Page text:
So what happened with election night reporting this time?

The Chron turns its attention to how long it took for election results to get posted on Tuesday night.

Since last year, Harris County has purchased a new fleet of voting machines, created a new elections administration office and hired a new executive to run it.

Why then, many residents wondered, did Tuesday’s low-turnout election see the same delays in vote counting that plagued the county in the past?

By 1 a.m. Wednesday morning, just 60 percent of votes had been tallied for the ballot, which included state constitutional amendments, school board races and a handful of municipal contests. The county elections administrator’s office did not publish the final unofficial tally until 8:30 a.m., 13 ½ hours after the polls closed.

Election Administrator Isabel Longoria blamed the delay on an “extremely unlikely” glitch in the backup power supply at the vote count headquarters at occurred around 2:30 p.m. on Tuesday afternoon. That triggered a warning on the new voting system, which is sensitive to anything that may resemble a cyberattack, though it is not connected to the internet.

Longoria ordered a test of the system, which took about two hours and delayed the counting of ballots cast during the early vote period, which under Texas law cannot be counted until Election Day. That, in turn, caused delays when election judges began returning Election Day ballot boxes after polls closed at 7 p.m., she said.

“I get that it’s frustrating … but when you trip your new system, you want to be thorough,” Longoria said. “That’s the most responsible thing to do as an elections administrator, so there are no questions later about why you did not stop when you had the chance to double-check.”

Longoria said she does not anticipate the issue in future elections. Higher-turnout contests are no more difficult, she said, since they have the same number of polling places and memory cards that must be processed.


Tuesday’s delays were unacceptable to Republican Precinct 4 Commissioner Jack Cagle, who last year opposed the creation of an independent elections office and the hiring of Longoria as its first leader. Cagle said Wednesday the county should revert to the old model, in which the county clerk oversees elections and the county tax assessor-collector maintains the voter roll.

“We have an unelected bureaucrat who was appointed by three members of Commissioners Court,” Cagle said. “There’s no accountability to the public.”

Commissioners Court last year created the election administration office on a party-line vote. Longoria was hired by a committee that included Hidalgo, the county party chairs, tax assessor and county clerk.

Cagle said the three Democratic members of the court, County Judge Lina Hidalgo and commissioners Rodney Ellis and Adrian Garcia, bear responsibility for ensuring Wednesday’s delays do not happen again.

Marc Campos, a longtime Houston Democratic strategist, wrote on his blog Wednesday morning that he “expect(ed) outrage” out of the trio.

“This is not about every election watch party that was ruined last night across Harris County,” Campos wrote on his blog. “This is about botching the reporting of election results and the Harris County Elections Administrator’s Office folk’s epic failure.”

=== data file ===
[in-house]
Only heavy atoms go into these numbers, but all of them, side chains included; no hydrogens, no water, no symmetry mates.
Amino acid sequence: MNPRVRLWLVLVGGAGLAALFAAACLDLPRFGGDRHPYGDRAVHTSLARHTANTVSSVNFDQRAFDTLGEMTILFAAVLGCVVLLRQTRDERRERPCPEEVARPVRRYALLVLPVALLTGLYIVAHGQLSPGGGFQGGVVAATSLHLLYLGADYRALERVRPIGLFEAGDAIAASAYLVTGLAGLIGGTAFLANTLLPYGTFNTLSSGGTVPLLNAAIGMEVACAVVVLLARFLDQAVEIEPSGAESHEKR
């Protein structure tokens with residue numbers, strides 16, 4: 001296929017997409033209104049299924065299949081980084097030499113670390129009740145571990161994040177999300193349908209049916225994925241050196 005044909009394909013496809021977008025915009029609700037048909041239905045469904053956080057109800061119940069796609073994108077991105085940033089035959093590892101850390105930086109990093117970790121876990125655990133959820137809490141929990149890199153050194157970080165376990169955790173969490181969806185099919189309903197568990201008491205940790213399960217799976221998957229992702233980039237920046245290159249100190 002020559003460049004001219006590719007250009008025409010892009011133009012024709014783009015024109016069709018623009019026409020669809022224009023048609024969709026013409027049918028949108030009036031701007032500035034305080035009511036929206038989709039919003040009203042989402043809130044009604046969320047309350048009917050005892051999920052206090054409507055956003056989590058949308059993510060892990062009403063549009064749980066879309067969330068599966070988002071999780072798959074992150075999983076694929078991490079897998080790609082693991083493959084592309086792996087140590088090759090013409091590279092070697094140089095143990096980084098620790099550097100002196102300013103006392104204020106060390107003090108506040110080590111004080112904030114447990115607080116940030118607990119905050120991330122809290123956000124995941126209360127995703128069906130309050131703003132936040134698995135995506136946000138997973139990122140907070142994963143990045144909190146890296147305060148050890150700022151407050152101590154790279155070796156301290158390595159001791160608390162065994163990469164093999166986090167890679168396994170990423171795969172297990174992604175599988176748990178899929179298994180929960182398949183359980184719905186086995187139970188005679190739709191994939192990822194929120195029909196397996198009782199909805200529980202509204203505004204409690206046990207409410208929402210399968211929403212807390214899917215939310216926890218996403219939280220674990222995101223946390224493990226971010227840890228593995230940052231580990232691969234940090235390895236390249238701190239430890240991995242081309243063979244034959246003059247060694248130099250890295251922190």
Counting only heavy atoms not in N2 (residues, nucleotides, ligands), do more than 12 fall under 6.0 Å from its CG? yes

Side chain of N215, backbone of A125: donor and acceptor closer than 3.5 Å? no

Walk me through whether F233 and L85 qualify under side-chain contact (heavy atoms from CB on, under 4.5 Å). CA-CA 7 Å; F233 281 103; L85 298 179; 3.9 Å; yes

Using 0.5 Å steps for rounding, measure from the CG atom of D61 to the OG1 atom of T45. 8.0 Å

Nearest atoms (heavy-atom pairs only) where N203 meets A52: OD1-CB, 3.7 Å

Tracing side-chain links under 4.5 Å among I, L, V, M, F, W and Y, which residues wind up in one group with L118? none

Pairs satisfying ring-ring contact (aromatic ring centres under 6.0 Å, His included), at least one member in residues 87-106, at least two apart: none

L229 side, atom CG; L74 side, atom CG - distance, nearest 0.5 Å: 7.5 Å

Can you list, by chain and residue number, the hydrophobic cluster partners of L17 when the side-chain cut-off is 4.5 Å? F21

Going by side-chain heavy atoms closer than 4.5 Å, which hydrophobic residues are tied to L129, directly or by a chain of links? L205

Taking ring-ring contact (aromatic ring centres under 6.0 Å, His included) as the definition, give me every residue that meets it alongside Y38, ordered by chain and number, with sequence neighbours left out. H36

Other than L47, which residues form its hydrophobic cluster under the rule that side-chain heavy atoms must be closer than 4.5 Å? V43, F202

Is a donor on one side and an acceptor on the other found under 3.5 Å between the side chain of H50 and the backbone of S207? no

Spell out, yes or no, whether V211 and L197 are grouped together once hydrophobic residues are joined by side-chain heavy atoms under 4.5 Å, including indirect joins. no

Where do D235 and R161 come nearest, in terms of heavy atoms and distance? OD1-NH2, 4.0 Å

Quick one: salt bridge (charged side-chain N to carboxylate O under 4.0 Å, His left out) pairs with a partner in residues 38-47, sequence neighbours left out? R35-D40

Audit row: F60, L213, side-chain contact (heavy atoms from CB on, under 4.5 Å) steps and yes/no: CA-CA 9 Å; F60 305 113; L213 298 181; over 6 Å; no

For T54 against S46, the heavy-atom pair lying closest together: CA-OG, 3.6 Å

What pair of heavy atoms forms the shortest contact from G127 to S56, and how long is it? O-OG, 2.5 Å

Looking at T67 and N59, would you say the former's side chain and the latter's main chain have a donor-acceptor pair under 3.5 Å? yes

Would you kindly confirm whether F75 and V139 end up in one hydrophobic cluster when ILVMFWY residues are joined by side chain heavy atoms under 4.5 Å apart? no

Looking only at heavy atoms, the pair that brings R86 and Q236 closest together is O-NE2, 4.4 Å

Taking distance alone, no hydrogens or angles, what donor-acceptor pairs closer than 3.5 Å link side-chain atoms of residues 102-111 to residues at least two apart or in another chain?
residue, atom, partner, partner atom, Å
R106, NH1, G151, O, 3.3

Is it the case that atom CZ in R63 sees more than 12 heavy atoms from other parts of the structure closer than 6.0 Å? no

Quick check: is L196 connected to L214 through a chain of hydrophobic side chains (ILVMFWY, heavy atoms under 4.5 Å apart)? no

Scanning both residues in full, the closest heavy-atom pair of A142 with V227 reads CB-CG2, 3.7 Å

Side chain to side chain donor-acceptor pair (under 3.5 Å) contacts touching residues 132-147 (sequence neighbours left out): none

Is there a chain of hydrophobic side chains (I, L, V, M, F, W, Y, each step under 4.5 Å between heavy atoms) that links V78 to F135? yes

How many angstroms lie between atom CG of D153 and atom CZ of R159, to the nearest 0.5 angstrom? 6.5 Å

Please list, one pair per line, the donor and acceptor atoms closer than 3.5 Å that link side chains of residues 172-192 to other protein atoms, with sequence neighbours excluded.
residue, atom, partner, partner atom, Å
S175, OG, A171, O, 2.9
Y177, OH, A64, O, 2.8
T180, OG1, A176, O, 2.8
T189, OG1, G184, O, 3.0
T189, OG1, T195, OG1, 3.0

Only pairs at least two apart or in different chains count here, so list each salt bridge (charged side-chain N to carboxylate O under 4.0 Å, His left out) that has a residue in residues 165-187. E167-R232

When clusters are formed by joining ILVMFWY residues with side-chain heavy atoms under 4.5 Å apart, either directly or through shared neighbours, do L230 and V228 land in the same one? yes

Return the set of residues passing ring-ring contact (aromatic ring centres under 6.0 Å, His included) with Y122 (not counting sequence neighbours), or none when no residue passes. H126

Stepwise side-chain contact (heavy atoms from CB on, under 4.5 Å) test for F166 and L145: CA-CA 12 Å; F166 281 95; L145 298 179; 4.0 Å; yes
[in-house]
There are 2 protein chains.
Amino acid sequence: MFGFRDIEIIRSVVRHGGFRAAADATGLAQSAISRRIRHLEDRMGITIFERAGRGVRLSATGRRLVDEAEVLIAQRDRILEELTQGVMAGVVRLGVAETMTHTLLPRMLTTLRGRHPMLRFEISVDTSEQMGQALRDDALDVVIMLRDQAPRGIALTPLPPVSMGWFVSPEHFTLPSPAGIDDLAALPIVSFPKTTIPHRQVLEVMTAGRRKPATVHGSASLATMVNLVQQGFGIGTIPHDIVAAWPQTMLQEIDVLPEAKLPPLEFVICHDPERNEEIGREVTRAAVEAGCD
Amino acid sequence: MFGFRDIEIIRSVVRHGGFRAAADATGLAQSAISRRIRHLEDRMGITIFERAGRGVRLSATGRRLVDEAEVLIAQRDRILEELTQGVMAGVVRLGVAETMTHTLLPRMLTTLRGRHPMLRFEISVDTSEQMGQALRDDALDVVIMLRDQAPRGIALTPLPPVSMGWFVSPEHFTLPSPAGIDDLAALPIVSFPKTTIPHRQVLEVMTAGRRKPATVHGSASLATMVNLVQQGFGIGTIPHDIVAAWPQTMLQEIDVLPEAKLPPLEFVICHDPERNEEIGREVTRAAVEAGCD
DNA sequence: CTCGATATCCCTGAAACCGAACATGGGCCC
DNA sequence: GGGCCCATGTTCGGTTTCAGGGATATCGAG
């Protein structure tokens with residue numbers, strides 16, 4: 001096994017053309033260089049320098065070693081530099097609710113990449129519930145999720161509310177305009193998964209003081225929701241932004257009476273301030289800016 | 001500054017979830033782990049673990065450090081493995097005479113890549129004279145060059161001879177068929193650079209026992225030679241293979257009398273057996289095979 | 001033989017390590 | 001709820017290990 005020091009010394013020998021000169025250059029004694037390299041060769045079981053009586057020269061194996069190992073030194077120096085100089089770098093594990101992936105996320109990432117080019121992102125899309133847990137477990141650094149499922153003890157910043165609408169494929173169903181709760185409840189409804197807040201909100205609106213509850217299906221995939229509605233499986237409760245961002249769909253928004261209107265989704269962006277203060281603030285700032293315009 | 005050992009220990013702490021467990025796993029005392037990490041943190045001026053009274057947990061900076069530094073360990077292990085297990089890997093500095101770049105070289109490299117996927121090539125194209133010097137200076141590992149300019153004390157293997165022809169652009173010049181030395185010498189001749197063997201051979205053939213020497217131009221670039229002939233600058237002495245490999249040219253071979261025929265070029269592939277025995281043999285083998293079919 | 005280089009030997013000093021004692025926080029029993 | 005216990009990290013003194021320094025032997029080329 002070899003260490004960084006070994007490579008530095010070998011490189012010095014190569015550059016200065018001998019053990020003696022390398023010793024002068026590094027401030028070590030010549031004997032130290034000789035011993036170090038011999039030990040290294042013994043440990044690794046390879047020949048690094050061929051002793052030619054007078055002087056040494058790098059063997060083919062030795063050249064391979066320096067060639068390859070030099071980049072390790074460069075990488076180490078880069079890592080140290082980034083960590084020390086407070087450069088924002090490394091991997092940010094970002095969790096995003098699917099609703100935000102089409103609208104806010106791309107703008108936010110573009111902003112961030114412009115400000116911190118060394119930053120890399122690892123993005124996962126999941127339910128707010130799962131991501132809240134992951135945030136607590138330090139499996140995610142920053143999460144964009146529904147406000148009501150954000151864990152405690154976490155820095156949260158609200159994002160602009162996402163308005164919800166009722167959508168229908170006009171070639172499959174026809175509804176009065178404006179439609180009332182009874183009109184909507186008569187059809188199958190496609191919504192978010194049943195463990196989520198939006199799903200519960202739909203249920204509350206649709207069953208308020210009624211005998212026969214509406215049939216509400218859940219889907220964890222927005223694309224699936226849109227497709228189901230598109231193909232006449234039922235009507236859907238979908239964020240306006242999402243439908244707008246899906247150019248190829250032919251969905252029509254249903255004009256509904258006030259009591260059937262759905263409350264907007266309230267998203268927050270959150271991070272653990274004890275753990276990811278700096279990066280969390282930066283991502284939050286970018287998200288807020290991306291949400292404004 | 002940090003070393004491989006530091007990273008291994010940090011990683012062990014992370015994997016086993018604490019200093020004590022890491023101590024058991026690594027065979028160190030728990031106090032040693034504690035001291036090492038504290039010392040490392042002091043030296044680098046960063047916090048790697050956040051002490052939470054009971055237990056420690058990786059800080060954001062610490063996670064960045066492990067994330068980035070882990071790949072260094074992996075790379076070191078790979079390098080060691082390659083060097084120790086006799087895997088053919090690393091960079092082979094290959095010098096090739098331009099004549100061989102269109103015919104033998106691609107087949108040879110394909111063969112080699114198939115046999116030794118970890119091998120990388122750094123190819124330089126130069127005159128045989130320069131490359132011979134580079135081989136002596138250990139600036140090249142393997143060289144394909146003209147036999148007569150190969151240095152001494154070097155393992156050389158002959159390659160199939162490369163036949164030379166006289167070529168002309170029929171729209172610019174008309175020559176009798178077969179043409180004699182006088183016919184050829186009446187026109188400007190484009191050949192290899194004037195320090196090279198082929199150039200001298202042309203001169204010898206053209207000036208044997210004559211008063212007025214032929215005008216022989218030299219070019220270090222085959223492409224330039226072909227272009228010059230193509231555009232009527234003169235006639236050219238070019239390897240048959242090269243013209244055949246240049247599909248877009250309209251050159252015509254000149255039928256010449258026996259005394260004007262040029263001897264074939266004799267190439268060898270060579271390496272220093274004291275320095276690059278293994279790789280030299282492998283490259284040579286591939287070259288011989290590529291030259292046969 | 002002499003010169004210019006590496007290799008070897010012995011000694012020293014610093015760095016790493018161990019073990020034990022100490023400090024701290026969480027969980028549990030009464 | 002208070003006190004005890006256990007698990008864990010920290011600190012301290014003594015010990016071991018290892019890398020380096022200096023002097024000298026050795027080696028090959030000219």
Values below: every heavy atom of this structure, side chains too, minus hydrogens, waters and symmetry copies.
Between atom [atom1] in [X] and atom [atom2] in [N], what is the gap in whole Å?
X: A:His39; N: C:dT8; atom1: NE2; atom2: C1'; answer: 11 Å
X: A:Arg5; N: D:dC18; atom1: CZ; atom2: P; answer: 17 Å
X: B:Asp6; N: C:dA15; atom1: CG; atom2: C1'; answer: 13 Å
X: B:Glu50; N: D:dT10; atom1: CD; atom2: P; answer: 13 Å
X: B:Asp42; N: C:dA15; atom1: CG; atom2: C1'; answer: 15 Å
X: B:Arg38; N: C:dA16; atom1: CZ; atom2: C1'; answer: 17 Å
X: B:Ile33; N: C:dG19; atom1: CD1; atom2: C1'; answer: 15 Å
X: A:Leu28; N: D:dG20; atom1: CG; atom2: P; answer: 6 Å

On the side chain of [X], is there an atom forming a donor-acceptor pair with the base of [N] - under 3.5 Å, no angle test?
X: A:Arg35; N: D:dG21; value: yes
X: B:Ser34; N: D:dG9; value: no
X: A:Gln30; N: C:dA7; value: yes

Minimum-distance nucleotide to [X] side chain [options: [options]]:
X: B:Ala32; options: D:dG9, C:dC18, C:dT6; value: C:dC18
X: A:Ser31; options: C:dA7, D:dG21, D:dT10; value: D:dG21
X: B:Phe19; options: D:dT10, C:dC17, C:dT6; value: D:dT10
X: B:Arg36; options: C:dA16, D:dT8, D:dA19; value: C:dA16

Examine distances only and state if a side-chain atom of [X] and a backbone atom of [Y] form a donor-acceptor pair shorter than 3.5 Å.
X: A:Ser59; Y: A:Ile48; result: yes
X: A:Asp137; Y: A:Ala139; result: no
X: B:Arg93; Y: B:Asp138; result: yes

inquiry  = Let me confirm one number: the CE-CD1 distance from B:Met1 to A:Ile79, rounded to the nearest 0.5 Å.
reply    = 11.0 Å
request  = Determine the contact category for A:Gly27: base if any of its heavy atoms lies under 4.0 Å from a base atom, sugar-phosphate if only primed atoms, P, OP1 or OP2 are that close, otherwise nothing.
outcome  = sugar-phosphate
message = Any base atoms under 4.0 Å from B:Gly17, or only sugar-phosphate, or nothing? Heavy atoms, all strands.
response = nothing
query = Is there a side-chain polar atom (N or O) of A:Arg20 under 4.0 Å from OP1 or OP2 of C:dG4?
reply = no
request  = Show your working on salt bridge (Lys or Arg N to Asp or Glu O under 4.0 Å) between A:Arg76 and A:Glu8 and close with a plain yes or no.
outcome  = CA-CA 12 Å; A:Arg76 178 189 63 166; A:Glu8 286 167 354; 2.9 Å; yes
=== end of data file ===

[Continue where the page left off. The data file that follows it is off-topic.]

Hidalgo said in a statement that while running elections is never easy, the county needs to identify any issues with Tuesday’s elections and correct them for the future. Ellis echoed that sentiment, saying he trusted that Longoria’s team acted in the interests of security and accuracy.

Garcia said the elections office needs to improve communication with the public and anticipate problems before they occur.

“Not getting timely results is unfair to voters and the candidates, and I expect this will be a one-time glitch rather than a continuance of the reputation Harris County earned when elections were run by Republicans like Stan Stanart,” Garcia said in a statement.

See here and here for the background. I’m going to bullet point this one.

– Just as a reminder, the elections administrator idea was first put forward by Ed Emmett back in 2010. Most counties in Texas have them now. Harris was very much an outlier with its Tax Assessor/County Clerk approach to handling voter registration and running elections. Harris County followed state law in creating the position and putting oversight on it.

– The first thing we need is a clear and publicly-available explanation of what exactly happened, why it happened (if we can determine that), and what we are doing to prevent it from happening again. Was the complete reboot necessary, or could that have been skipped? That glitch in the backup power supply may have been extremely unlikely, but given that it did happen, will there be some further mitigation built in to the system now?

This is basic stuff, and speaking as someone who has worked for a big company for a long time, it’s a good way to learn from experience and maintain confidence in one’s own processes. Campos worries that this episode will cause voters to question the capability of Democrats to govern Harris County. Transparency about what happened and what is being done about it is the best antidote for that.

– Something that Commissioner Garcia mentioned but has otherwise been overlooked is that there was inadequate communication from the Elections Administrator’s office on Tuesday night, while we were all waiting for the results. There was the “go watch the Astros” tweet and a couple of Facebook Live videos on the Harris Votes Facebook page, but I went to bed Tuesday night not really knowing what was happening, and I believe that was true for a lot of people. That’s a failure on Isabel Longoria’s part, and I believe it has contributed to the continuing criticism.

People have a reasonable expectation to see at least the early voting results at 7 PM or shortly thereafter. When that doesn’t happen, for whatever the reason, there has to be a clear and easy to find explanation for it. A message on the HarrisVotes website and at the top of the Election Day results page would have sufficed. I looked to Twitter because that’s usually where the breaking news is, but there was nothing to really answer my questions. Maybe those Facebook Live videos would have told me what I wanted to know, but who wants to sit through a video like that when a couple of lines of text that can be readily shared elsewhere will do? I’m sure the Elections office was busy trying to work through the problems so they could get the results out, but they really needed to be letting the rest of us know what was going on and when we might expect an update of the situation. It was the lack of relevant information that made the Tuesday night experience as frustrating as it was. That’s an error that cannot happen again.

– Also, why was there a location that was still voting at 8 PM? What happened there? That needs to be explained as well.